We had our Knock Knock English Halloween parties over the weekend. What fun! Tanja-sensei organized some great parties and the kids came dressed in some amazing costumes. Here's a video of us singing Knock Knock, Trick or Treat?at one of our Tokyo parties.
Update: We had a great response in 2007 and 2008, but the free download offer has passed. Knock Knock, Trick or Treat?is now available on Super Simple Halloween Songs, along with Knock Knock, Trick or Treat? (Part II). Check out our Halloween page for a bunch of free Halloween resources.
Ahhh....Halloween. I really look forward to this time of year. It's so great to see the students' faces light up when they see all the Halloween decorations and their friends dressed up as superheroes, princesses, and all kinds of wonderful costumes.
This year we wanted to make another simple song that teaches the basics of Trick-or-Treating and introduces the names of some popular Halloween costumes. We also wanted the song to be fun, not scary, and full of movement. The result is Knock Knock, Trick or Treat?and it's available now for FREE at the Super Simple Songs website.
Tell a friend!
Have you picked out your Halloween costume for this year yet?
Troy and I had a chance to meet up with Richard Graham today in Yokohama. Richard is the creator of Genki English (and Genki Korean, and Genki German, and Genki Japan, and Genki Maths, among other projects). As you might expect from someone so prolific, Richard is a very genki guy ("genki" meaning "fun", "exciting", and "full of life" in Japanese), so it was really a pleasure to meet with him and share stories.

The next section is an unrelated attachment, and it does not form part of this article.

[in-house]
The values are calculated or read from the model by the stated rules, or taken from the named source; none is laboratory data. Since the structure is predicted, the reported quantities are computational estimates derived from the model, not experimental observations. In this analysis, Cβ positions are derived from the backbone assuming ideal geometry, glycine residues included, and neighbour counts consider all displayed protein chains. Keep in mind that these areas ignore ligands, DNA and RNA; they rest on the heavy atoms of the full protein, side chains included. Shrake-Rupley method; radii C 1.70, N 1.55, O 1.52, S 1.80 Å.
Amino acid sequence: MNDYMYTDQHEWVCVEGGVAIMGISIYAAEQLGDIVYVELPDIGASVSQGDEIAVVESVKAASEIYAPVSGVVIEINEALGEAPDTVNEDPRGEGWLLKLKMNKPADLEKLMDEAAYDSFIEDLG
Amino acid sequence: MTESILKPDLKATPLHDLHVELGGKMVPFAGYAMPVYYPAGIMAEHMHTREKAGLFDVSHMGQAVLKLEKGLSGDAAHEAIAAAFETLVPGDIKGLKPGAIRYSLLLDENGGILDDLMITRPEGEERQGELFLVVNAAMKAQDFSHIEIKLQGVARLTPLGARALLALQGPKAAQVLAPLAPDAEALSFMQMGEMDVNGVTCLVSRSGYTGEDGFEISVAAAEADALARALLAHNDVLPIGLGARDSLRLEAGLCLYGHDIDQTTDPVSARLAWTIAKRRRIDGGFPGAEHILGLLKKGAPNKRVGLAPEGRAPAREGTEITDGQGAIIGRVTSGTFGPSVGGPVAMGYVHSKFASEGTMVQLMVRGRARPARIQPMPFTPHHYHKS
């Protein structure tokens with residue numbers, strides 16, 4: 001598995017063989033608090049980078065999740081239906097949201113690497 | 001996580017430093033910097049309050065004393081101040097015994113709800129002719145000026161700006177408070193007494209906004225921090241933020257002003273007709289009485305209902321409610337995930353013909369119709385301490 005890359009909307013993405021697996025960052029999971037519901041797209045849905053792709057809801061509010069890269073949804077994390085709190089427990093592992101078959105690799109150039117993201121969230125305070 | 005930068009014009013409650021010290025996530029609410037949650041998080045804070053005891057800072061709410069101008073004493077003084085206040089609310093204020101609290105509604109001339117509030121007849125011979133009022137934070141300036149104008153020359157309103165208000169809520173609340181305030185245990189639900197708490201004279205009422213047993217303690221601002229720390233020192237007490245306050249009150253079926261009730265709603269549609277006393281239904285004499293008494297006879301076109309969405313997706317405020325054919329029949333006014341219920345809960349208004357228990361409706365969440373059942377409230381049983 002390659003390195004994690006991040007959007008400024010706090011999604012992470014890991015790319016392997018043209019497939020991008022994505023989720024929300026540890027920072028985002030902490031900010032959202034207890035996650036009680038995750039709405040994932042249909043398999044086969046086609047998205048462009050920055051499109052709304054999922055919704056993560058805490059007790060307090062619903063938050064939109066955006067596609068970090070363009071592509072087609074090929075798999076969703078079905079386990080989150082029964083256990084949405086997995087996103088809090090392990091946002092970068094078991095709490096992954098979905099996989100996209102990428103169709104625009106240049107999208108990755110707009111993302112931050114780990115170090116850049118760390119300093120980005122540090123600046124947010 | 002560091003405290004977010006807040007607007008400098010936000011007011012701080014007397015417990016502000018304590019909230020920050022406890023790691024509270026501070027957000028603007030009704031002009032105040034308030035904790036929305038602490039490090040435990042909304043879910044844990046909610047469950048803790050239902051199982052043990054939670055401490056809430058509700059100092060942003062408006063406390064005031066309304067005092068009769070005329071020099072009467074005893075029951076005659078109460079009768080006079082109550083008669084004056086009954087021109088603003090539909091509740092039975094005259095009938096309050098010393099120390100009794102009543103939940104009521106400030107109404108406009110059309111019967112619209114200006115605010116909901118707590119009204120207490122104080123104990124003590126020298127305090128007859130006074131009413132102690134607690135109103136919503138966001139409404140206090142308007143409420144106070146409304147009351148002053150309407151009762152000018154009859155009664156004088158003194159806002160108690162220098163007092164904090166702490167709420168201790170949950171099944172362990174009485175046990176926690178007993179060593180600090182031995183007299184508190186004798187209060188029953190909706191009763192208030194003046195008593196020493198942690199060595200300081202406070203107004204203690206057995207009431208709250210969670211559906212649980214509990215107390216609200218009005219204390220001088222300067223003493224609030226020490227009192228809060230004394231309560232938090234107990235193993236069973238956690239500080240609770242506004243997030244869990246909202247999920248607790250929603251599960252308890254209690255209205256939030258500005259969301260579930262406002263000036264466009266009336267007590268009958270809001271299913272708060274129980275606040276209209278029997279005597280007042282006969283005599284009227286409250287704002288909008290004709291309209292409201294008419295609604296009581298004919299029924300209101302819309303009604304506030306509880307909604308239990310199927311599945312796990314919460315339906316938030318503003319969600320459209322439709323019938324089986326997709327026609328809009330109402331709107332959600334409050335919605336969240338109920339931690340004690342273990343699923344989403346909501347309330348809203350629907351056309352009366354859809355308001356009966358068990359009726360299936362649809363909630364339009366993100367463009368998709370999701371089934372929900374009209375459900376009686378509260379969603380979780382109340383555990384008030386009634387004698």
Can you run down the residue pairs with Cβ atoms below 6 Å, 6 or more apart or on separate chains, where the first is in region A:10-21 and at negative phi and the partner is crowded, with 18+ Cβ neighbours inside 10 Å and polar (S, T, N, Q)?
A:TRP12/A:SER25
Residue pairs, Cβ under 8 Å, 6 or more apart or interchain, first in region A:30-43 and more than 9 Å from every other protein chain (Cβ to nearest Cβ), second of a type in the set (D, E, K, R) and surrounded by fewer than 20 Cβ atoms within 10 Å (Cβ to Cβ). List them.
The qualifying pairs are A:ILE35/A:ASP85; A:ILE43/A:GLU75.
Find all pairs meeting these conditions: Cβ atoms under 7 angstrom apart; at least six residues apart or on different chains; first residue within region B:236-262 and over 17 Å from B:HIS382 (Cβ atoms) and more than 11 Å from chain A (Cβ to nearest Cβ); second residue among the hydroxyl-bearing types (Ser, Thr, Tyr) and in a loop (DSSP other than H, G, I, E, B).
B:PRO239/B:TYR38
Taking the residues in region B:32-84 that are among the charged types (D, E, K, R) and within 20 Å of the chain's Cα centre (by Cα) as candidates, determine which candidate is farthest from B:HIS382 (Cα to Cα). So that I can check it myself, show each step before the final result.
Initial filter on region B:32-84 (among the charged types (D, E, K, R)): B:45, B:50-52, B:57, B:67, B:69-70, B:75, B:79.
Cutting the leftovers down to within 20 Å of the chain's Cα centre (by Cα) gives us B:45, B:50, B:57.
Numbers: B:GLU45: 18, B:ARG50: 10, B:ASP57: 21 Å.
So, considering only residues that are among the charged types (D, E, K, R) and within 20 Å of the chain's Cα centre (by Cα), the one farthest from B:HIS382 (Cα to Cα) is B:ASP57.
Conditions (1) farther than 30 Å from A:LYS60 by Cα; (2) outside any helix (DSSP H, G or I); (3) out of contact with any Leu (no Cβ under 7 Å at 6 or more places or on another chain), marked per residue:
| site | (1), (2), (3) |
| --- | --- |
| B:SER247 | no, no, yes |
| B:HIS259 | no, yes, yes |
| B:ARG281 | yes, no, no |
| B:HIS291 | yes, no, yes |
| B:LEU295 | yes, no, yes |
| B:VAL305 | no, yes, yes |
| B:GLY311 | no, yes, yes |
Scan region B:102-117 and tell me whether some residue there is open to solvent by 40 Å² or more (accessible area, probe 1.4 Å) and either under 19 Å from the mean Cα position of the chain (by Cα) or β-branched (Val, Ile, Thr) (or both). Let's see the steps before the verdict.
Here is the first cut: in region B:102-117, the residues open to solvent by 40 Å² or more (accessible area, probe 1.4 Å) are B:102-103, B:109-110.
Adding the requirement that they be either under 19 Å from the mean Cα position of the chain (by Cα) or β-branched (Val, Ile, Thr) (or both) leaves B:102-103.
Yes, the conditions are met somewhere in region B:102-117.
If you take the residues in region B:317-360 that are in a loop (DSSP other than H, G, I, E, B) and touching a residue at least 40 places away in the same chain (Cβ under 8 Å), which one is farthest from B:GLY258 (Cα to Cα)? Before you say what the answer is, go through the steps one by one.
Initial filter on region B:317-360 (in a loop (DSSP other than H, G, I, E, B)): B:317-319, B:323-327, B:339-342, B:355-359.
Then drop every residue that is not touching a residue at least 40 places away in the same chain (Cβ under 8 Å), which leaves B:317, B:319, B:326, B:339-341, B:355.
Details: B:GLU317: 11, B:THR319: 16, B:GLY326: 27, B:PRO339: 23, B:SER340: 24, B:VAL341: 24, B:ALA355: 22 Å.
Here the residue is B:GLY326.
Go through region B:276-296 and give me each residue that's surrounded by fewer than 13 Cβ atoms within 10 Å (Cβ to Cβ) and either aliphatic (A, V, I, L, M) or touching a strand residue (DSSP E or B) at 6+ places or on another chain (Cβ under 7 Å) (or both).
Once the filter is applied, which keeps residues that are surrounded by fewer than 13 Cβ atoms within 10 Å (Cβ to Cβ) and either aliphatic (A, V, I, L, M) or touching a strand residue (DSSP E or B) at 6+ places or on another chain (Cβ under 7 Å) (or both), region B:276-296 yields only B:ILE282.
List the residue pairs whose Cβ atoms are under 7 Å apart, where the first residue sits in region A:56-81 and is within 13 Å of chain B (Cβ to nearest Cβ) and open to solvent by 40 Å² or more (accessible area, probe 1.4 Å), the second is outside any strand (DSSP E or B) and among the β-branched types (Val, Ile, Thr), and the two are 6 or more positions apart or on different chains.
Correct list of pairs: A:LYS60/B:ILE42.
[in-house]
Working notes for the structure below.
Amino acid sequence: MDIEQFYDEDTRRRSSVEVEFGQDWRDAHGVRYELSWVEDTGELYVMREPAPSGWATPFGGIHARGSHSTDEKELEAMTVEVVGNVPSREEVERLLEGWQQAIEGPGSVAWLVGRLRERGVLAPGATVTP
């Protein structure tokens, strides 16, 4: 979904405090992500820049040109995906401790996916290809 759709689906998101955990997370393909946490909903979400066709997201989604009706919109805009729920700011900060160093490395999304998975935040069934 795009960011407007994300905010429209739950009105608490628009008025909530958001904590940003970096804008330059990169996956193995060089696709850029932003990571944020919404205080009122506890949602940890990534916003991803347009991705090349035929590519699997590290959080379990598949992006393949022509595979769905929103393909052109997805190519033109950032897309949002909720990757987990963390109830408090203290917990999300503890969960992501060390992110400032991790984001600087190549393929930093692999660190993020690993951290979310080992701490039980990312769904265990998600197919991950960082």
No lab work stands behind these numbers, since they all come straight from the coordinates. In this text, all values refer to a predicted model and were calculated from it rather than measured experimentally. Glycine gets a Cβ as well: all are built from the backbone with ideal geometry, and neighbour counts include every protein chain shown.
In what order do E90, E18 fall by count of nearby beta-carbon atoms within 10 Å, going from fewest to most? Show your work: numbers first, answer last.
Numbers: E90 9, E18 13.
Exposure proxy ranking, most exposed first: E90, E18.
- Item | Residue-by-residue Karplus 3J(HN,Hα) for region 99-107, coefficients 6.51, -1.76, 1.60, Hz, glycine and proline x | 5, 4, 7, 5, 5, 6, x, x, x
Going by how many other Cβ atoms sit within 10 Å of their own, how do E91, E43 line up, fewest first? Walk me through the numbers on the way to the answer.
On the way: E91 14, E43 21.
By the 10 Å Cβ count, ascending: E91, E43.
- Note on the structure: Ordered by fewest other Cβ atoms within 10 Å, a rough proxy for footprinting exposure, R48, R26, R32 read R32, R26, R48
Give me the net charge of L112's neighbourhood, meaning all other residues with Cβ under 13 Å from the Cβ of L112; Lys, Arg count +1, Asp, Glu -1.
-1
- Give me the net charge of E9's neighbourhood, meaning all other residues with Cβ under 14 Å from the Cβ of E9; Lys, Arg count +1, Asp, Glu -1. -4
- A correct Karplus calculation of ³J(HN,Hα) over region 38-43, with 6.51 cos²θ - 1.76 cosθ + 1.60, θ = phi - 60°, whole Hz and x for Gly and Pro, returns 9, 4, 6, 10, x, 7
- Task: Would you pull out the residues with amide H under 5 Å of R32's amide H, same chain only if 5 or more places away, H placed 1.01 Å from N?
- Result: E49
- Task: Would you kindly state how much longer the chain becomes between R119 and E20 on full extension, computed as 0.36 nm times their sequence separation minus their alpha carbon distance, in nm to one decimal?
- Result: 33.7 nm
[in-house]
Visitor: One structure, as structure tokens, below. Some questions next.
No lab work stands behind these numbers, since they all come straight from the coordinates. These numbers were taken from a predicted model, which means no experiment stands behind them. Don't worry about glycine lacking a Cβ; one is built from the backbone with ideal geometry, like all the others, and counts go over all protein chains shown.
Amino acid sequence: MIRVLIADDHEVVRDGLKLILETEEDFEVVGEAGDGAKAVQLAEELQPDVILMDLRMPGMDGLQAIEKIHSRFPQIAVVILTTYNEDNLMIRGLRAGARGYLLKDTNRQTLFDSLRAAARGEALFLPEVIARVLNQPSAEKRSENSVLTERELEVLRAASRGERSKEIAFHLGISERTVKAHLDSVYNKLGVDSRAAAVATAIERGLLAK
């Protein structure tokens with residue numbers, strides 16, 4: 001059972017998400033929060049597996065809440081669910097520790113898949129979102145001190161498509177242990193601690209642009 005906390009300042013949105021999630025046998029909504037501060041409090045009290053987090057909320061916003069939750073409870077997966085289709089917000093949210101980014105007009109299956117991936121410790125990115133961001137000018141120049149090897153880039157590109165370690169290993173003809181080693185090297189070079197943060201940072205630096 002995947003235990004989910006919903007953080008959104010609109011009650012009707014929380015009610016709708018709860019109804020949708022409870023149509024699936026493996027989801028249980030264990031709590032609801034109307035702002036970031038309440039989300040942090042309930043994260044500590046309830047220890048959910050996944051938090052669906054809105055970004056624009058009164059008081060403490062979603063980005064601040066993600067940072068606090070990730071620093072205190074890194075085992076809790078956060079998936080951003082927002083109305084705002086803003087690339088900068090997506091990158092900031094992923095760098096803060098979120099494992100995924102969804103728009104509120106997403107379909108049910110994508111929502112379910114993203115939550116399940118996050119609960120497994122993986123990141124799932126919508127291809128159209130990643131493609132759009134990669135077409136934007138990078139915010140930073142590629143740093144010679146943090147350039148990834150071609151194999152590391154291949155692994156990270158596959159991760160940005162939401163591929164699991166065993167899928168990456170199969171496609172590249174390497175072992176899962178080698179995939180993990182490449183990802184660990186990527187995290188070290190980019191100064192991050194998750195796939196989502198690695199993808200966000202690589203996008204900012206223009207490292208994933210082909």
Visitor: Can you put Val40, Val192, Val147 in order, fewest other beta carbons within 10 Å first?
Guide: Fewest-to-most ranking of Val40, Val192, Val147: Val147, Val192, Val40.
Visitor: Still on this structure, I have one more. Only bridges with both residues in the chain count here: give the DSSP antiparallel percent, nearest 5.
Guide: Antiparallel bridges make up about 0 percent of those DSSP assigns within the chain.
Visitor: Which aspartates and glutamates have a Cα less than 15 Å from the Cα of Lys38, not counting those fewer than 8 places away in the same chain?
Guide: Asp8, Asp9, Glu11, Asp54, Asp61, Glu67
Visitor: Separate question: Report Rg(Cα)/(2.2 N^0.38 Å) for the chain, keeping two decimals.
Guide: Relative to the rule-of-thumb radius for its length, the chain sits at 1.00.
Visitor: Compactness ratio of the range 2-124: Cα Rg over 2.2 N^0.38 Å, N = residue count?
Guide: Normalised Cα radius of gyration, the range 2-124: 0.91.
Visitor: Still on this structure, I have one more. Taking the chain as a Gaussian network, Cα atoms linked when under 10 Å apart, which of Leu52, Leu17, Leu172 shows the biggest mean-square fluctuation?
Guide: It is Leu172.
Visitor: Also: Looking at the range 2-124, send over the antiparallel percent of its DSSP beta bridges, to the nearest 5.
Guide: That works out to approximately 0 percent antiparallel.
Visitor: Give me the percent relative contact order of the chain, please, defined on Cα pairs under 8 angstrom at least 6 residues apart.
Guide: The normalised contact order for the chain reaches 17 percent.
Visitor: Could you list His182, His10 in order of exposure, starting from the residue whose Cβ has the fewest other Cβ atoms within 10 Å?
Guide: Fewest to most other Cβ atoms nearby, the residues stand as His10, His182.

When I first started teaching English to very young learners, Richard's songs were among the few I could find that really fit the needs of young EFL learners. Coming from the classroom himself, and testing his songs in classroom settings, it was clear he had an ear for how to make learning English fun and accessible. A few of my Genki English favorites are What's Your Name? (which I also used with a class for Senior Citizens); Hello, How Are You?; and Rock Paper Scissors, but he has a ton more (7 Genki English CDs with #8 on the way soon).
These days, Richard's music takes him all over the world for presentations and teacher training. And now that the government of Thailand is introducing Genki English into all of their elementary schools, he gets to spend several months of the year (primarily Japan's cold winter months) in Thailand. Not bad, not bad at all.
If you are looking for songs, worksheets, activity ideas, or a ton of other resources, check out GenkiEnglish.com. And if you're looking to learn a little Japanese or have fun teaching your students how to count in Japanese, a great place to start would be with this video from Richard...you'll be counting to 20 in no time.